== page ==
Not only did Graham ignore this fatal flaw of the agreements, he reveled in his own blind spots, choosing to ignore any culpability of the Netanyahu government over the decades leading to the violence and what appears today, an endless bombardment and on-the-ground military operation in Gaza with chances for further talks between the two sides dwindling by the hour. Instead, he appeared to blame Iran for everything.
"The biggest fear of the Ayatollah is that the Arab world, in conjunction with Israel, marches toward the light away from the darkness. (Iran hates) the idea that everybody in this room can find a way to work with Israel and live with Israel where everybody makes money and can live in peace. Because let me tell you, their agenda is different than yours. So I believe we cannot let Iran win."
He said he was committed to a two-state solution, and if there was any moment in his talk where he put any responsibility on Israel it was this: "I'm going to Israel soon and here's what I'm telling Israeli friends — Saudi Arabia, Qatar, UAE, none of these Arab countries can help you. Unless you make a commitment for a two state solution. ...To my friends in Israel the best thing you can do to beat Iran is to give the Palestinians a life where they're not dependent upon terrorist organizations that they can live and work and be prosperous."
How Israelis could get there, from here, was not explained by Lindsey Graham, or whether he honestly thought that was possible given the "hell on earth" Gaza is becoming today. But we know he doesn't believe that the civilian crisis on the ground now will reduce the chances for peace tomorrow, because of the way he reacted to U.S. Defense Secretary Lloyd Austin's remarks earlier this month.
Austin said “the lesson is that you can only win in urban warfare by protecting civilians. In this kind of a fight, the center of gravity is the civilian population. And if you drive them into the arms of the enemy, you replace a tactical victory with a strategic defeat.”
“Strategic defeat would be inflaming the Palestinians? They’re already inflamed,” Graham continued. “They’re taught from the time they’re born to hate the Jews and to kill them. They’re taught math: If you have 10 Jews and kill six, how many would you have left?”
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In half a century of public life, U.S. President Joe Biden has demonstrated unwavering support for Israel. In this photo Biden is welcomed by Israeli Prime Minster Benjamin Netanyahu, as he visits Israel amid the ongoing conflict between Israel and Hamas, in Tel Aviv, Israel, October 18, 2023. REUTERS/Evelyn Hockstein/File Photo
Of all the foreign policy challenges President Joe Biden faces, most difficult is the war in Gaza. That is not because of the apparent geopolitical stakes; as Biden often says, China poses the most important long-term challenge and Russia is next. But while important, what happens between Israel and the Palestinians, as well as elsewhere in the Middle East, has not been in the same league.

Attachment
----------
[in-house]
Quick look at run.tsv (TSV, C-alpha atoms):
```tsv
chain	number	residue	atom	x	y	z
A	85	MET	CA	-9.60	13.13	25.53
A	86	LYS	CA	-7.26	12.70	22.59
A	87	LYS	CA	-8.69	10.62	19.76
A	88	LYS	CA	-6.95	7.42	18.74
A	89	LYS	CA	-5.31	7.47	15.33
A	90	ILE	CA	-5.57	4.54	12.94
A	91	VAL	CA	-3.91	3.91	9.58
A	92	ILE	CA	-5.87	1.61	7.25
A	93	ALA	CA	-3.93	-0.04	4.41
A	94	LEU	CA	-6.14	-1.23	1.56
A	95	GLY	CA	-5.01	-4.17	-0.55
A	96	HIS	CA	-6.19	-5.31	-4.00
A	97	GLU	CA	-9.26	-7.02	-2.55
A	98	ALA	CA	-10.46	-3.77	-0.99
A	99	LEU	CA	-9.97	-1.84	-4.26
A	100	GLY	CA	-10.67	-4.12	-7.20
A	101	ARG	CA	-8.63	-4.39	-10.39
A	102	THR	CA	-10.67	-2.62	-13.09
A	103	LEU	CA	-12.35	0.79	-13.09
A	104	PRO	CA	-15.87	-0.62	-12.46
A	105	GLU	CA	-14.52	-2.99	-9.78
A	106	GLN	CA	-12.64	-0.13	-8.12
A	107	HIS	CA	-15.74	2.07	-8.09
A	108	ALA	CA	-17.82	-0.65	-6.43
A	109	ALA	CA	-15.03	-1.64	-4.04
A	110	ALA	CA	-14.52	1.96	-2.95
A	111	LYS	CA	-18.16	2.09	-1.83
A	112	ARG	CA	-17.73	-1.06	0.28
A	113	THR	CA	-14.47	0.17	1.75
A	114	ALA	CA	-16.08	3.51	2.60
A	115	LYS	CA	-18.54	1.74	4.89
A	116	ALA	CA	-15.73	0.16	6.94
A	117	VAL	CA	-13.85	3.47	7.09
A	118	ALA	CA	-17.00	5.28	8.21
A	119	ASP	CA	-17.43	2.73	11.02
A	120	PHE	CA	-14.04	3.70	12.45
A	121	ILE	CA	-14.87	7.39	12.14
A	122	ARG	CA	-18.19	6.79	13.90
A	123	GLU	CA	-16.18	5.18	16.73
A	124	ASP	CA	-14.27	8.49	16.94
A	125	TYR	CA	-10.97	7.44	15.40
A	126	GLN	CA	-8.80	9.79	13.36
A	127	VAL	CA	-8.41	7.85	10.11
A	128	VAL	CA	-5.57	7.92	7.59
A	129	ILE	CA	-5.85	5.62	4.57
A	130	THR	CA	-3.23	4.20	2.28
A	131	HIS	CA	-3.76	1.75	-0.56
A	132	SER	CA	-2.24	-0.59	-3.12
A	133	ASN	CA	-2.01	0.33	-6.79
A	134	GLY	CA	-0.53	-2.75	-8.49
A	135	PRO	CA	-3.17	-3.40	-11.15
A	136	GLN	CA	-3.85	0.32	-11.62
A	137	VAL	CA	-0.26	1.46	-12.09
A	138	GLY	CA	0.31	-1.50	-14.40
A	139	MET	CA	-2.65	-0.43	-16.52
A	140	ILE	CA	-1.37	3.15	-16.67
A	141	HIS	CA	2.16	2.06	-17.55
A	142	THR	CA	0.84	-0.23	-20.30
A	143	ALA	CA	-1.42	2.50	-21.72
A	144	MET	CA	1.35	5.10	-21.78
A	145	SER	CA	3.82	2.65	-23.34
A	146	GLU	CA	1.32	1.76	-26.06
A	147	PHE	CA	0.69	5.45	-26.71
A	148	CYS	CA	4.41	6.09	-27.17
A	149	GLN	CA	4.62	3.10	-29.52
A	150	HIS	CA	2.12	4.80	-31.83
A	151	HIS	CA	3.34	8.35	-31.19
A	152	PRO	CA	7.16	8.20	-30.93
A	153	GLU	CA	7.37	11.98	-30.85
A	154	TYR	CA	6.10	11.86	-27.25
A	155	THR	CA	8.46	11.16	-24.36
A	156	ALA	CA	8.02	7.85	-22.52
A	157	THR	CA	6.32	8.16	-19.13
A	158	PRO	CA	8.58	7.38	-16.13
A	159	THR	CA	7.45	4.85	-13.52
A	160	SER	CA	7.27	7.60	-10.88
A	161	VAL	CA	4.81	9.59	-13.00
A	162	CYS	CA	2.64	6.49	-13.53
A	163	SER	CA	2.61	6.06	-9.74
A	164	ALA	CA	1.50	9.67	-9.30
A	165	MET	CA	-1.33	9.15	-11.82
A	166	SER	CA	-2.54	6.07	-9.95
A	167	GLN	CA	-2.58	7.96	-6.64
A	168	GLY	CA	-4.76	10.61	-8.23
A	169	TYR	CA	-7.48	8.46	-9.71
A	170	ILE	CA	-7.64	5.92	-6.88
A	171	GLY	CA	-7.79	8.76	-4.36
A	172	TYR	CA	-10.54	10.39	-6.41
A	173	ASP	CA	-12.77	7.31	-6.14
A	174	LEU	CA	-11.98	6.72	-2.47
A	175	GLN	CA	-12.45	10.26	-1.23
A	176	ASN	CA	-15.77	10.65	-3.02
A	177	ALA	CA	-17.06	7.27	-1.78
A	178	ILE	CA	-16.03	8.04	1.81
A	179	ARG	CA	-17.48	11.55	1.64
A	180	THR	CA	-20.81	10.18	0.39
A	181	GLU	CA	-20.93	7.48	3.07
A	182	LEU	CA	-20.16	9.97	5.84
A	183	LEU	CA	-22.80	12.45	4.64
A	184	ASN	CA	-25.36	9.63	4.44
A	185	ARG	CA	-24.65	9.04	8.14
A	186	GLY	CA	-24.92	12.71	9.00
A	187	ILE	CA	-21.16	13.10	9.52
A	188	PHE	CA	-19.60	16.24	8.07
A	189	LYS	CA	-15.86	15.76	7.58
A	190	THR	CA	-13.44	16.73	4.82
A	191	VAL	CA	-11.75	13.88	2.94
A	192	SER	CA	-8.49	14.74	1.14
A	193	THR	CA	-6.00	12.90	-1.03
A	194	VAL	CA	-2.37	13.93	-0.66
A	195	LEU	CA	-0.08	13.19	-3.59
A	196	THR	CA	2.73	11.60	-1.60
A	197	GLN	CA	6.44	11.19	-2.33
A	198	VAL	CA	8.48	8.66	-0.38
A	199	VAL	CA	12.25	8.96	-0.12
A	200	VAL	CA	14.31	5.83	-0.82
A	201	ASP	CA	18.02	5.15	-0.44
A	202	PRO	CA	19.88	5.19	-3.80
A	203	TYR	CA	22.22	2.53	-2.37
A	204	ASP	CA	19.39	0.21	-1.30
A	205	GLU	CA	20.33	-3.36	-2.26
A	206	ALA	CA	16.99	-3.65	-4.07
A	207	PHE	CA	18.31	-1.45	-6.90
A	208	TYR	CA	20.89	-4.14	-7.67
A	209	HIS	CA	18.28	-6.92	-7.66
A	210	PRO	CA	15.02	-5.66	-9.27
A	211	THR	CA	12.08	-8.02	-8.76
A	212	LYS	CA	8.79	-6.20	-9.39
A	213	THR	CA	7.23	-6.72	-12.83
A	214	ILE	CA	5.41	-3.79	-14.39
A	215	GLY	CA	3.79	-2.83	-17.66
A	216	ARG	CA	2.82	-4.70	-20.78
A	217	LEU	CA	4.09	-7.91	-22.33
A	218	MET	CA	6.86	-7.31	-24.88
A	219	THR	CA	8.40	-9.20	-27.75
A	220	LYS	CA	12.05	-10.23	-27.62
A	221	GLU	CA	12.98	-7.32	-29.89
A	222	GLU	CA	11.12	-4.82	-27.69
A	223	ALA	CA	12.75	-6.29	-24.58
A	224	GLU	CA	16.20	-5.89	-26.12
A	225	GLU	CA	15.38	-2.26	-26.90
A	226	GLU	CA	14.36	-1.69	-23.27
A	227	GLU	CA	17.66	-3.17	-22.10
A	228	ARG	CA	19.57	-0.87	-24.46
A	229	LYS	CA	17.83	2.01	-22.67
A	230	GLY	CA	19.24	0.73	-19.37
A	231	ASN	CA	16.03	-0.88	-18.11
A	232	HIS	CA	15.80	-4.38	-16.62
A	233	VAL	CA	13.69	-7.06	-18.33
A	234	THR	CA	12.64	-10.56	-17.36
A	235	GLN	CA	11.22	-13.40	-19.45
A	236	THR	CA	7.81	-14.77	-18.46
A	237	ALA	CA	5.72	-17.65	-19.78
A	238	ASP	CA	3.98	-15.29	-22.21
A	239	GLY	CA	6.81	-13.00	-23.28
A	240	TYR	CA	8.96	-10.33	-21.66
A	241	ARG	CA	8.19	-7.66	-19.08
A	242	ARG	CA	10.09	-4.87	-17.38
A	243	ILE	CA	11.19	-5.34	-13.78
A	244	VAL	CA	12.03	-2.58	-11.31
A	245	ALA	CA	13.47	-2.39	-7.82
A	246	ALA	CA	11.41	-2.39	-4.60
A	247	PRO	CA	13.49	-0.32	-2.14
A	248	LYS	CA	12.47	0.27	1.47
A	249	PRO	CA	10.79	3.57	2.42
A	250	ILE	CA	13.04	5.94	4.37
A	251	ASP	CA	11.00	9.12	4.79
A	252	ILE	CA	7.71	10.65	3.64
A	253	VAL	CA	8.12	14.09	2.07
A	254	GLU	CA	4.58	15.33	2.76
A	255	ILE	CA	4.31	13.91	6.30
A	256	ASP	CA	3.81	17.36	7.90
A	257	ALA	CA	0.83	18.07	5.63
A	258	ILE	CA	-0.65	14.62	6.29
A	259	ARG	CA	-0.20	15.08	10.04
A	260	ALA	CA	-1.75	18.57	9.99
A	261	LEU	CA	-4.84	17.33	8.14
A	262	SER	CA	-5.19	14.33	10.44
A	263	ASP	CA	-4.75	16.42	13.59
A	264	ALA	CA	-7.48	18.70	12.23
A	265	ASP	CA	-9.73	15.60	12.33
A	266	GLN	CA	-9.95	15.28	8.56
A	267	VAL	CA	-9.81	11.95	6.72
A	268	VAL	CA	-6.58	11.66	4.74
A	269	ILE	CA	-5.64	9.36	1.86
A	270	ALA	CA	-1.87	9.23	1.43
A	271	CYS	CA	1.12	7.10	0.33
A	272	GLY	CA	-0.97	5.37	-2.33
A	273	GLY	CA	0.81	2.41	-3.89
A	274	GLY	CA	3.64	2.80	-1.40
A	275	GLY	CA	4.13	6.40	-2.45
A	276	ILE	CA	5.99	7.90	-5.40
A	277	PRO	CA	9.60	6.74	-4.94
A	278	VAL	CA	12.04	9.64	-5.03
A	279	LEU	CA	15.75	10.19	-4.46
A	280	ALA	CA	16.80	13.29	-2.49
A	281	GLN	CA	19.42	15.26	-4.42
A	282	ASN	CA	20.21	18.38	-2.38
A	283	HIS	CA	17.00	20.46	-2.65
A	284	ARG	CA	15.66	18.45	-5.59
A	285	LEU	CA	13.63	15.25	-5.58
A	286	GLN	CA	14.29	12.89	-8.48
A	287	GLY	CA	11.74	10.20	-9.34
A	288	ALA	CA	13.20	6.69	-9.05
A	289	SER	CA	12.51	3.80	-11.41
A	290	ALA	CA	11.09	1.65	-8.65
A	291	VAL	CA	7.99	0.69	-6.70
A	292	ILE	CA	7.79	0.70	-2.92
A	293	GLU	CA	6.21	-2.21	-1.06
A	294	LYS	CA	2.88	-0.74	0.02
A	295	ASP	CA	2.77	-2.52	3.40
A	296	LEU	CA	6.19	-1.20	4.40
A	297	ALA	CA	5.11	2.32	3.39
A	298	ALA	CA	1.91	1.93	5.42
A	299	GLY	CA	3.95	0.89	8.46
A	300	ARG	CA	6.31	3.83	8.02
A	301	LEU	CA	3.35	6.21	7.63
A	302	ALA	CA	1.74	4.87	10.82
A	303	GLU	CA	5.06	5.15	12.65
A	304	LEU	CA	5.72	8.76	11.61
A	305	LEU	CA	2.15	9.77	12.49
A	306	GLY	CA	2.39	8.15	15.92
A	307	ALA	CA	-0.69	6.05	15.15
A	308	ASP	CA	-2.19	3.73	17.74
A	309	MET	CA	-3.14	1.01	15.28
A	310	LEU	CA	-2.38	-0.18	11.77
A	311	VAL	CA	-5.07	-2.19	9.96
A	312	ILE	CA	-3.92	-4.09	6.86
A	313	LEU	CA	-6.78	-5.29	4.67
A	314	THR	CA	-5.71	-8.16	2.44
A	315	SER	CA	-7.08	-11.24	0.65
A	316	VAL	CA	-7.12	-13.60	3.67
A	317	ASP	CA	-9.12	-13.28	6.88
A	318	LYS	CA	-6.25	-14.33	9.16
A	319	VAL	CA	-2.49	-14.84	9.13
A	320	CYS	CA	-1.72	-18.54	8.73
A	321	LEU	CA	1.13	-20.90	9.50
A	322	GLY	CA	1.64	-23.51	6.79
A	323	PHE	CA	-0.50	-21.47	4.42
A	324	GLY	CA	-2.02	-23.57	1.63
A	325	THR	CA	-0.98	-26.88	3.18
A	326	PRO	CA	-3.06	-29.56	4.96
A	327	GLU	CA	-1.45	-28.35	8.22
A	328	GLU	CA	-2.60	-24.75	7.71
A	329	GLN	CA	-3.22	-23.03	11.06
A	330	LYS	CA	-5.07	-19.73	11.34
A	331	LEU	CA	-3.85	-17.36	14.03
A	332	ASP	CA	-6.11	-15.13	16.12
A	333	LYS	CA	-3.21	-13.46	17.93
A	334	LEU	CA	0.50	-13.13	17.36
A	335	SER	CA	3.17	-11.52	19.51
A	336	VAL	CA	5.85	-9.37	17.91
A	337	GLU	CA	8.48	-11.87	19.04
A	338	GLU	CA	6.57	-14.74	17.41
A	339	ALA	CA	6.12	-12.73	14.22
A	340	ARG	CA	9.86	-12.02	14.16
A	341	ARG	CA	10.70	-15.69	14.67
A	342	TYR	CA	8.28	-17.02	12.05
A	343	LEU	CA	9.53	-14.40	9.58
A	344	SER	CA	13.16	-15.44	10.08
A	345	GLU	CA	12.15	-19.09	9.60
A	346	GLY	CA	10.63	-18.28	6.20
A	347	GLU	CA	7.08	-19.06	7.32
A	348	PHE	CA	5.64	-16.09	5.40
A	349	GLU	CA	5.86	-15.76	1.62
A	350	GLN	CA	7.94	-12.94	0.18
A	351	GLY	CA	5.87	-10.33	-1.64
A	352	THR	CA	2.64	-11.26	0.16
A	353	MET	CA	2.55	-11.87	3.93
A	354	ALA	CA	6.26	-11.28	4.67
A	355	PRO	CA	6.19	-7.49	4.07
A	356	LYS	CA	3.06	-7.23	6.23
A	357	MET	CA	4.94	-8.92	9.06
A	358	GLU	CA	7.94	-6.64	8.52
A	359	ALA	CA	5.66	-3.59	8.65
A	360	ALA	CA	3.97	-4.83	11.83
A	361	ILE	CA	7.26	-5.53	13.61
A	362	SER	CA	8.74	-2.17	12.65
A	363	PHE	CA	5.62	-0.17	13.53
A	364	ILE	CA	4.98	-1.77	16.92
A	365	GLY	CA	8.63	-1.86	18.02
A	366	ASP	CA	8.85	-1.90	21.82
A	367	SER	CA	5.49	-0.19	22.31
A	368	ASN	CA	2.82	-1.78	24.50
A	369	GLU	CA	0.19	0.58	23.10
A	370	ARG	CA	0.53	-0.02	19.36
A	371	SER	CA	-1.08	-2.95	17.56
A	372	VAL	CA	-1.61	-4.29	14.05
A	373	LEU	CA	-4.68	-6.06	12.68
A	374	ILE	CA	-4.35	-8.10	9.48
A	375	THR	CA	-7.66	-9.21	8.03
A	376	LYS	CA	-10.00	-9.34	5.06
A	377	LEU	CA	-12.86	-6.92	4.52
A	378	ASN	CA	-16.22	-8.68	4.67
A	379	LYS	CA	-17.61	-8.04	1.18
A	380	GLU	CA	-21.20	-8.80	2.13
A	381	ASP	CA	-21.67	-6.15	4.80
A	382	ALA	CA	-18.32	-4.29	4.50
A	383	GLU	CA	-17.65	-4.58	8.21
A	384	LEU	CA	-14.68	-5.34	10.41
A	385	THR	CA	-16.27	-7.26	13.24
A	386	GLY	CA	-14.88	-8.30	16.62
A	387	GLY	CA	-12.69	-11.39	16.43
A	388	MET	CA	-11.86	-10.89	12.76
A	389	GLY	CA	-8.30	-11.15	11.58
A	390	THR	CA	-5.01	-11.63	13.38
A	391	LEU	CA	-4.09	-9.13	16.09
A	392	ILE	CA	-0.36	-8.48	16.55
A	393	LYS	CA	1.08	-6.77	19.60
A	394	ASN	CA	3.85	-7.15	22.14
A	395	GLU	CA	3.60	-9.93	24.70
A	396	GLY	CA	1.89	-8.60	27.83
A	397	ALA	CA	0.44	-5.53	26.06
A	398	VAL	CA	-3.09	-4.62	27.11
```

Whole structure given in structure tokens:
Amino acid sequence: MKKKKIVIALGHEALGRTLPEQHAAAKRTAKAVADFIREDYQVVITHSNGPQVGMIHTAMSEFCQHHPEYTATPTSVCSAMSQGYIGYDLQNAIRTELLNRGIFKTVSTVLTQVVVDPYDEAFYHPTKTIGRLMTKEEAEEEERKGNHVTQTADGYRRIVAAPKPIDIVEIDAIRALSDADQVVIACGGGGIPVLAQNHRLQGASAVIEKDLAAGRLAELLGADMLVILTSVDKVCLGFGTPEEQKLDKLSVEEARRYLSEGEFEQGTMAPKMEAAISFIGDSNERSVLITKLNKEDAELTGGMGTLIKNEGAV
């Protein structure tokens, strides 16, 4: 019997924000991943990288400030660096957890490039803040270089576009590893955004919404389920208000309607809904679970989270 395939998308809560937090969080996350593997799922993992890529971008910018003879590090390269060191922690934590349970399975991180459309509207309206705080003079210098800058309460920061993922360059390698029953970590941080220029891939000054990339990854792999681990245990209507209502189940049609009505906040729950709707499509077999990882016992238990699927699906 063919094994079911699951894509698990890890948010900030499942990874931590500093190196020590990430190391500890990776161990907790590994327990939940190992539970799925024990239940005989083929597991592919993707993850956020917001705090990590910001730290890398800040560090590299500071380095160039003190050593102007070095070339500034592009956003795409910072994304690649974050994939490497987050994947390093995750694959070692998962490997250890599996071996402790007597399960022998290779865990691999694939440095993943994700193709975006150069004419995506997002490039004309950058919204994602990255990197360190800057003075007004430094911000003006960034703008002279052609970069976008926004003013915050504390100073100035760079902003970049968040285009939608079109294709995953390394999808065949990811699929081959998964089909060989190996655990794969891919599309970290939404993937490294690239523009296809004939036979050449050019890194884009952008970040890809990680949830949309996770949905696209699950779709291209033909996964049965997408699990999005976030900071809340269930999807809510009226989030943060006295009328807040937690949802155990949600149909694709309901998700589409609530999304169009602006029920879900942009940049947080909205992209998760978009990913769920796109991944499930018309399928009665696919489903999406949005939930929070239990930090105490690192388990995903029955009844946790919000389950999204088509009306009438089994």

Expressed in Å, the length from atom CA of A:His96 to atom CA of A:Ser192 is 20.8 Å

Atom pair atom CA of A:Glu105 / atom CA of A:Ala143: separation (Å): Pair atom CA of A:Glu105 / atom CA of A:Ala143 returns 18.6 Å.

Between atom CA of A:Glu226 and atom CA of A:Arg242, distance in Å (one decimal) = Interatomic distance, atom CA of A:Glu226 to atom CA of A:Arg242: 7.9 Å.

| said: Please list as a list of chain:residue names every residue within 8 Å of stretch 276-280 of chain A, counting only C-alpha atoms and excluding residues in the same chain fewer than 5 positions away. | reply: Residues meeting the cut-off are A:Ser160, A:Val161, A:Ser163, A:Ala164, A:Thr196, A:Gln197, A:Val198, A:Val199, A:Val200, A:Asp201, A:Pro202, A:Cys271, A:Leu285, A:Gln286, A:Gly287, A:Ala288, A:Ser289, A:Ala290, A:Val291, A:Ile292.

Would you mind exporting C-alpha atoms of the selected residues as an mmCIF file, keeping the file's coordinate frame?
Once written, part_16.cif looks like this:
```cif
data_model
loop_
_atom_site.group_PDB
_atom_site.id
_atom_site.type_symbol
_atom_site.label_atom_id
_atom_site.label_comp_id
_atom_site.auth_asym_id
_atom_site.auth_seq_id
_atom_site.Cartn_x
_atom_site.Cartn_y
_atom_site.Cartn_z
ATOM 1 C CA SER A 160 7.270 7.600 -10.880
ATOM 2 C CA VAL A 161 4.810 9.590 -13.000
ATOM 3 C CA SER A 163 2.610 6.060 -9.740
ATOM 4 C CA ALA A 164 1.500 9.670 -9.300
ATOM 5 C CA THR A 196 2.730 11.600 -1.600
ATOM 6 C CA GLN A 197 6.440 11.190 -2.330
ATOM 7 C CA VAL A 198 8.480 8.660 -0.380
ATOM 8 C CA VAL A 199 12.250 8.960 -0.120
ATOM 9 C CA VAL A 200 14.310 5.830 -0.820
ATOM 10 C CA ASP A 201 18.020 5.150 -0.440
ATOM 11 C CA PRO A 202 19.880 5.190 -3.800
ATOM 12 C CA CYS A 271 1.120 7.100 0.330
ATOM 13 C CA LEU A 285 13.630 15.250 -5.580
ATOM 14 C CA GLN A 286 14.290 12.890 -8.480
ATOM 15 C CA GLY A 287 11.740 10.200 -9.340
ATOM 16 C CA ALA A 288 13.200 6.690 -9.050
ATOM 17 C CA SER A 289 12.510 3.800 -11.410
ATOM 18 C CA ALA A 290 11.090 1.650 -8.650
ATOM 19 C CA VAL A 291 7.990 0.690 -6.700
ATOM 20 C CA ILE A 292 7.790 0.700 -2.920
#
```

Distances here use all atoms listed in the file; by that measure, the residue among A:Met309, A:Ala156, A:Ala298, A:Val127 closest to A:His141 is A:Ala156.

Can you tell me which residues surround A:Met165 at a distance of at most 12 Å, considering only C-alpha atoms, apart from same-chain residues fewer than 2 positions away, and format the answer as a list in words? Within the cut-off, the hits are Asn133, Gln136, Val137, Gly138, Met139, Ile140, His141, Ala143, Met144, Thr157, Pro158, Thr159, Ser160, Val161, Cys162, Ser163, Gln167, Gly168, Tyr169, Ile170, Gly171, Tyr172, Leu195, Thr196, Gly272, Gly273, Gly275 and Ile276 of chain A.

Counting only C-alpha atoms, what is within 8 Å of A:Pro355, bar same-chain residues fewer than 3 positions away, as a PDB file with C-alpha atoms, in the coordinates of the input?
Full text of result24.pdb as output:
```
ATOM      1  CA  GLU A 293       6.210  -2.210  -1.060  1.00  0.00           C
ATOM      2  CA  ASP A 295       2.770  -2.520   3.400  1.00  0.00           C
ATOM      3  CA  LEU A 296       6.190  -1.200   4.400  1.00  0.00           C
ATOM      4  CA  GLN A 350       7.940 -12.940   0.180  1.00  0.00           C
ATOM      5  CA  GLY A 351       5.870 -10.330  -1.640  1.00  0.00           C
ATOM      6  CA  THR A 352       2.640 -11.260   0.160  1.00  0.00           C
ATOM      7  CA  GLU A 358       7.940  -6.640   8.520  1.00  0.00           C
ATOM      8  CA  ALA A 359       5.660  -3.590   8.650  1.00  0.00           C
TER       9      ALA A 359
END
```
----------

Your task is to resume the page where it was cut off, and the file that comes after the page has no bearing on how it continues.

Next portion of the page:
Yet because of the war in Gaza, with its linkage to overall Israeli-Palestinian relations and risks of escalation to other parts of the region, there may soon be an explosion dwarfing all other concerns facing Biden and his team.
There is also another important reason that the war in Gaza now occupies center stage for the Biden administration: America’s attitudes towards and relations with Israel. Since Israel’s creation in the wake of World War II, most Americans have considered U.S. ties with the Jewish state as special, both because of its founding as a democracy committed to values similar to America’s and a shared perspective of “never again” stemming from the Holocaust. Even when Israel has fallen short, as for many years in its treatment of Palestinians, most Americans have given Israel the benefit of the doubt. Except on a handful of occasions, Washington consistently “has had Israel’s back” in Middle East crises and conflicts.
For both interests and values reasons, therefore, it was natural that immediately following the horrendous October 7 Hamas assault on southern Israel, in which some 1,200 people were killed and 240 more taken hostage, Biden declared total support for Israel’s military retaliation. His position was initially supported by most Americans, largely on a bipartisan basis.
But then the toll of destruction in Gaza mounted — as of this past week, more than 16,000 Palestinians have been killed, at least 40,000 more wounded, and more than 85 percent of the Strip’s population of more than two million has been rendered homeless with no safe place to go. All of this has been vividly displayed on U.S. television and cable media. Thus, the Biden administration began to rethink its hands-off support for Israel’s military campaign — but only with respect to its tactics, not its overall policy of destroying Hamas.
Washington worked through intermediaries, principally Qatar, to obtain a ”pause” in the Gaza fighting in order to get Hamas to release some hostages and increase the flow of humanitarian assistance from Egypt into Gaza. Following the end of the pause, however, U.S. appeals to Israel have been limited to try to minimize civilian casualties in Gaza, or, as Secretary of State Antony Blinken put it, "taking more effective steps to protect the lives of civilians.” But so long as Israel continues to pursue the extirpation of Hamas, significantly limiting civilian casualties is impossible, as the Biden team must recognize. Notably, the world sees that Israel’s Prime Minister Benjamin Netanyahu has essentially rebuffed Biden, which impacts on U.S. credibility elsewhere, especially since the United States is universally seen as Israel’s sole patron. Certainly, America’s reputation for promoting humanitarian concerns has been severely damaged.
Both factors argue for the president to press Israel immediately to declare a cease-fire, not just a temporary “pause,” but one designed to end the war. Indeed, if we are to believe Israel’s own estimates, Hamas’s military capacities have already been heavily degraded, and the possibility of it again being able to mount a serious attack on Israel is low.
The gravity of risks in the Levant and potentially throughout the region means that the United States (and others) cannot once again return to indifference when this war ends. Biden has shown he is aware of this, and has recommitted himself to pursuing the so-called “two-state solution.” For years, however, it has been largely a mantra; and while it is the best outcome, its prospects are now even more remote given renewed Israeli fears provoked by the October 7 attack and its attendant atrocities, as well as increased Palestinian bitterness over the massive destruction and loss of life in Gaza.